By Apuleius Charlton
Special guest blogger
I am not an O/optimist and I can't relate to a lot of this chapter. Before Wilson, one of my august teachers was Voltaire, who envisioned a better world but didn't trust mankind's baser instincts to make it so. That old attitude has set deep within my bones. I have noted, along with other writers, that part of what makes reading this book bittersweet is that many of its predictions are incorrect, and that is more glaringly clear in this chapter than any other we've covered in recent memory.
Two parts stood out to me in particular. Let me begin with: "The average Man or Woman of 1997 will be as obsolete in 2007 as a medieval serf is now." We could get into the ways that this prediction is both true and untrue, but I don't think there was as much difference between the world of 1997 and 2007 as there would be if we compared 2007 and 2017. While we could measure some advances in automation and technology between the late nineties and the later aughts, I am more interested in cultural differences.
I have been saying this since 2016 or so; while a time traveler from 2007 to 1997 could relate information that would make sense in the context of that past, a time traveler from 2017 to 2007 would have a much harder time communicating how life has changed in the intervening decade. The world began to vaporize somewhere around Obama's second term. Everything began changing so rapidly that previously unthinkable movements became reality which became policy. Threats thought long dead reared their ugly heads, flinging the bilge of our culture's undertow over witnesses. Concepts which would have been laughable in the late-twentieth or in the dawning of the twenty-first became deadly serious. The world is changing.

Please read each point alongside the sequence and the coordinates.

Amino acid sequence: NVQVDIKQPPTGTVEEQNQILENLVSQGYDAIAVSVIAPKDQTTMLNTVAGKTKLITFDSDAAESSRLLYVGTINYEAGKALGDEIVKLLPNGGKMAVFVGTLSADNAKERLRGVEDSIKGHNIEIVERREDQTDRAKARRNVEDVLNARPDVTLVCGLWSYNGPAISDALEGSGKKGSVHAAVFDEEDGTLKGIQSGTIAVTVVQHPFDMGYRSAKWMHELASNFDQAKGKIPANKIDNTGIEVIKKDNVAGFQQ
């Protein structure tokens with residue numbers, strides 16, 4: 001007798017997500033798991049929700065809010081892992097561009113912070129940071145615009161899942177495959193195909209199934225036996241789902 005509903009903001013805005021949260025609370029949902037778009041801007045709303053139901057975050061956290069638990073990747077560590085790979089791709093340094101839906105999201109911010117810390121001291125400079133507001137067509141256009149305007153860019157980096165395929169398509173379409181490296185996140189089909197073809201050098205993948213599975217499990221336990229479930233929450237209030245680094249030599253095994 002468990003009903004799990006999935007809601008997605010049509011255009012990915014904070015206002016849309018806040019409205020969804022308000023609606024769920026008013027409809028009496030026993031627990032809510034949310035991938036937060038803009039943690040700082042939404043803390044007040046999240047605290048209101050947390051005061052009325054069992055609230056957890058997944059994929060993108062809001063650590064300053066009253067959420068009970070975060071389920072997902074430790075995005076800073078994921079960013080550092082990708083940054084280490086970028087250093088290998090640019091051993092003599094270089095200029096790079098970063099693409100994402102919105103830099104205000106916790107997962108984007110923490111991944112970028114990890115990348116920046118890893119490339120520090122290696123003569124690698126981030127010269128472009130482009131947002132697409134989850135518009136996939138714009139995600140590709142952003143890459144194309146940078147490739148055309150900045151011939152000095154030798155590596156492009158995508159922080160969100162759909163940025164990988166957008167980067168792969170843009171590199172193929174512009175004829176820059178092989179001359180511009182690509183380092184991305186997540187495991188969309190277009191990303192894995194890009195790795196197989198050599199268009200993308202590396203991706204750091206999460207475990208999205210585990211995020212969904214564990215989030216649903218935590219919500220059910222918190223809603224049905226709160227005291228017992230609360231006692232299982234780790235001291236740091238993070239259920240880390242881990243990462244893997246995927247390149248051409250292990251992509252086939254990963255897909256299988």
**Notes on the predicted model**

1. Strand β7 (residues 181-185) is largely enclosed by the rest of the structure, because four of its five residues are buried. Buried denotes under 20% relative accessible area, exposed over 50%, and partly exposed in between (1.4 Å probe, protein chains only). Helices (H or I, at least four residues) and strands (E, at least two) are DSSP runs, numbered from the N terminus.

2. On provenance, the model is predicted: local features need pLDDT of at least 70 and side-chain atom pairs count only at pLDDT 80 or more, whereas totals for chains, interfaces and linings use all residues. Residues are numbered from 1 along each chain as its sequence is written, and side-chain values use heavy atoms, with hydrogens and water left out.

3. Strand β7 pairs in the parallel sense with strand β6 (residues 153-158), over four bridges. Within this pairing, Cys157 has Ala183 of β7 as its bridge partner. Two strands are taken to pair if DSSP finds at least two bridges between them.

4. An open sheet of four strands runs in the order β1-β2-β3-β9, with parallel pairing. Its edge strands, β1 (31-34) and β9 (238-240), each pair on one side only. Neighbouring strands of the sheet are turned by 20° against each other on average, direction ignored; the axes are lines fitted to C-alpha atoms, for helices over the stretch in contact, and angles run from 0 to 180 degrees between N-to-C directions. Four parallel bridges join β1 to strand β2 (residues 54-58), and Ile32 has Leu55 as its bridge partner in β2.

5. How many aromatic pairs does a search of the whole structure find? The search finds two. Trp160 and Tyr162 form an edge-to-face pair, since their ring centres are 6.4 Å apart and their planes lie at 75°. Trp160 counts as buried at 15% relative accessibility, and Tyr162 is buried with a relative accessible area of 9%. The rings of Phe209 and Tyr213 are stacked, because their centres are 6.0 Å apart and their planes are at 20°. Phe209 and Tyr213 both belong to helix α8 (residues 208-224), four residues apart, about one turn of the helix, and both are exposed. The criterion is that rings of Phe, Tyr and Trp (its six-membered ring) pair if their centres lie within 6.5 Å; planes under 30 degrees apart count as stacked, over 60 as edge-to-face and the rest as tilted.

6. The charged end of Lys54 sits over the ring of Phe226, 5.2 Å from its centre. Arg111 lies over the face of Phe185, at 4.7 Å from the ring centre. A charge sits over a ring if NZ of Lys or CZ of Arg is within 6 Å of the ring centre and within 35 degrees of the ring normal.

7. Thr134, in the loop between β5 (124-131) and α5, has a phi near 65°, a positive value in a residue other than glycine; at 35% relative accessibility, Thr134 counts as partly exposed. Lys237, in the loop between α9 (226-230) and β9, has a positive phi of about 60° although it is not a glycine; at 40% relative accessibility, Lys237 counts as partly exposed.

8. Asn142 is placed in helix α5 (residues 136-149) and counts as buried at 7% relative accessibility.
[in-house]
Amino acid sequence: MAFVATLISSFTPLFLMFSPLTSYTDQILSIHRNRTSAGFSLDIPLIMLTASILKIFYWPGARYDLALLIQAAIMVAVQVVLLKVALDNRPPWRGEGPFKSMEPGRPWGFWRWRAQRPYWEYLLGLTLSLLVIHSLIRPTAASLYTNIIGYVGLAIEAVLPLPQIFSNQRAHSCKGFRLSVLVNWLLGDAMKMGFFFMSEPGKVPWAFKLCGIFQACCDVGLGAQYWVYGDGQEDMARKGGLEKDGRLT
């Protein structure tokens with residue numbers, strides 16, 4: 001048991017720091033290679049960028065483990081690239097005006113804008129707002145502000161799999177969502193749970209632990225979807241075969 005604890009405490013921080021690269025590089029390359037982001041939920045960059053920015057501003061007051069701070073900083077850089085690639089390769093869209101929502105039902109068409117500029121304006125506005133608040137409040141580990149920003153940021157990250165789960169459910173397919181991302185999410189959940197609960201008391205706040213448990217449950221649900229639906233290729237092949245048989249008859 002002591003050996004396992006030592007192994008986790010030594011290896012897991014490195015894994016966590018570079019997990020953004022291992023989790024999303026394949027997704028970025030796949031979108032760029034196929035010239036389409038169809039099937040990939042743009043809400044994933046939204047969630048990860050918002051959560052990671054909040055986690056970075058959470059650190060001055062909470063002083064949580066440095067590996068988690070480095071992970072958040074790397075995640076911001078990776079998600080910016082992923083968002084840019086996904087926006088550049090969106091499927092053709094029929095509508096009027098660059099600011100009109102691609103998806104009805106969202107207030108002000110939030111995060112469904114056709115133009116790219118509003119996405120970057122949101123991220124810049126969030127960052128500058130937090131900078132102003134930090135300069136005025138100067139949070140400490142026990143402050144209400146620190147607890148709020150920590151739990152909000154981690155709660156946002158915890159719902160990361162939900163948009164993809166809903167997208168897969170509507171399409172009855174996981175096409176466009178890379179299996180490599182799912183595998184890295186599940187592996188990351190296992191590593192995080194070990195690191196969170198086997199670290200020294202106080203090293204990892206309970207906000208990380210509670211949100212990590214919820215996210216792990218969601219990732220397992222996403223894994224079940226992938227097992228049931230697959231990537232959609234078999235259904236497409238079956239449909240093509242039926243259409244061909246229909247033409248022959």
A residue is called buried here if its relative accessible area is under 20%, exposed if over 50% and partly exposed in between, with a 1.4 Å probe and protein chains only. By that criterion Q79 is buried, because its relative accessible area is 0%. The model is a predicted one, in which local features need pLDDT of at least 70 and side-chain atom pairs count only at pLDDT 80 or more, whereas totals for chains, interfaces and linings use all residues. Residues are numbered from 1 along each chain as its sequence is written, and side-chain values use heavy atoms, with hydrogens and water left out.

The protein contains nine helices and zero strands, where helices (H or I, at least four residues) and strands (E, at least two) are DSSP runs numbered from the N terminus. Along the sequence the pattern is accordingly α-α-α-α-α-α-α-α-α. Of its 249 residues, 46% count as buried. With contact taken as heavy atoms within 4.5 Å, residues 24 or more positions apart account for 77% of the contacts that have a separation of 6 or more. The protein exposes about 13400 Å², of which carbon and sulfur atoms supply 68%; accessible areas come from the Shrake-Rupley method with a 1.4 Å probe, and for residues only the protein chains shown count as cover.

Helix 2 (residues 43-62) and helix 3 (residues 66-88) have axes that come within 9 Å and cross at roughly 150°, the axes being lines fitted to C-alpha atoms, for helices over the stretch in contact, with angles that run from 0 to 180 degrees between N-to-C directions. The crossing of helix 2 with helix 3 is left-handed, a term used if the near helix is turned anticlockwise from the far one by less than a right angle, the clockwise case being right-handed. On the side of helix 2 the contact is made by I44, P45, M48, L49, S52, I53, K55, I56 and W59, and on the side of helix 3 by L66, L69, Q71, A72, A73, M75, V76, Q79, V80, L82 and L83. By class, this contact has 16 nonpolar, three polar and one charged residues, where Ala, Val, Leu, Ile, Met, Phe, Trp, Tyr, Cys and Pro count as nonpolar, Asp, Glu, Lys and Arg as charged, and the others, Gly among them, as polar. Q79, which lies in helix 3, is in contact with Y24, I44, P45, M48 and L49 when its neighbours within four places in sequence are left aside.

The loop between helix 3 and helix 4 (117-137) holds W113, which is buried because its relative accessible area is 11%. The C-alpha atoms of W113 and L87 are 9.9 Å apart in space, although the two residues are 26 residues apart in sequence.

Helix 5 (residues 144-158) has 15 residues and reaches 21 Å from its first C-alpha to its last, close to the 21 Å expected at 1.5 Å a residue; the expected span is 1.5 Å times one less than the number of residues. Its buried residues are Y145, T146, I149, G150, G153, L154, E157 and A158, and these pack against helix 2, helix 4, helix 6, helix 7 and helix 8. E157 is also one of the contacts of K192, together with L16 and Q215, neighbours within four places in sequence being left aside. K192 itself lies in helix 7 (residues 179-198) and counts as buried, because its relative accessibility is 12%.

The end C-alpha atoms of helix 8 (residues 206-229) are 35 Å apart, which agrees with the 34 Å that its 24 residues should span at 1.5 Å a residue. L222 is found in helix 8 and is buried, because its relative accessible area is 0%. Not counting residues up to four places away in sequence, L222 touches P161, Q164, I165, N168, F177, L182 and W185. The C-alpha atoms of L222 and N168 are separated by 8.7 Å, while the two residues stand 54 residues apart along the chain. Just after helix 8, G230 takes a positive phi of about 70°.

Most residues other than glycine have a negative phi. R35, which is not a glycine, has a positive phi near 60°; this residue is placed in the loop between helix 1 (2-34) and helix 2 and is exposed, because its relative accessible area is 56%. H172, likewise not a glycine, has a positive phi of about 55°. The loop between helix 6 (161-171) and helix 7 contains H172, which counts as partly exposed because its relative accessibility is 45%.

That isn't anything new, but it is changing at such an ungainly pace that, even if it is for the best, it resembles nothing so much more as festering and collapse. Towards the end of his essay "Is It O.K. to Be a Luddite?," Thomas Pynchon states: "It may be only a new form of the perennial Luddite ambivalence about machines, or it may be that the deepest Luddite hope of miracle has now come to reside in the computer's ability to get the right data to those whom the data will do the most good. With the proper deployment of budget and computer time, we will cure cancer, save ourselves from nuclear extinction, grow food for everybody, detoxify the results of industrial greed gone berserk -- realize all the wistful pipe dreams of our days." I disagree violently with the prediction that our information technology has allowed "the right data to those whom the data will do the most good," because so far it simply isn't true. Desirable progress is still achingly slow, useful technology and resources hoarded and mismanaged by fools and foes of the rest of the race (the so-called "wealthy" and "powerful" in case I'm not clear) and moreover, the Internet has allowed the wrong data to get to the wrong people. Perhaps this is just my pessimism and these are but the birth pangs of a new and better era; after all, I think most historians would point out that periods of transition are characterized by chaos and destabilization. But we aren't stabilizing.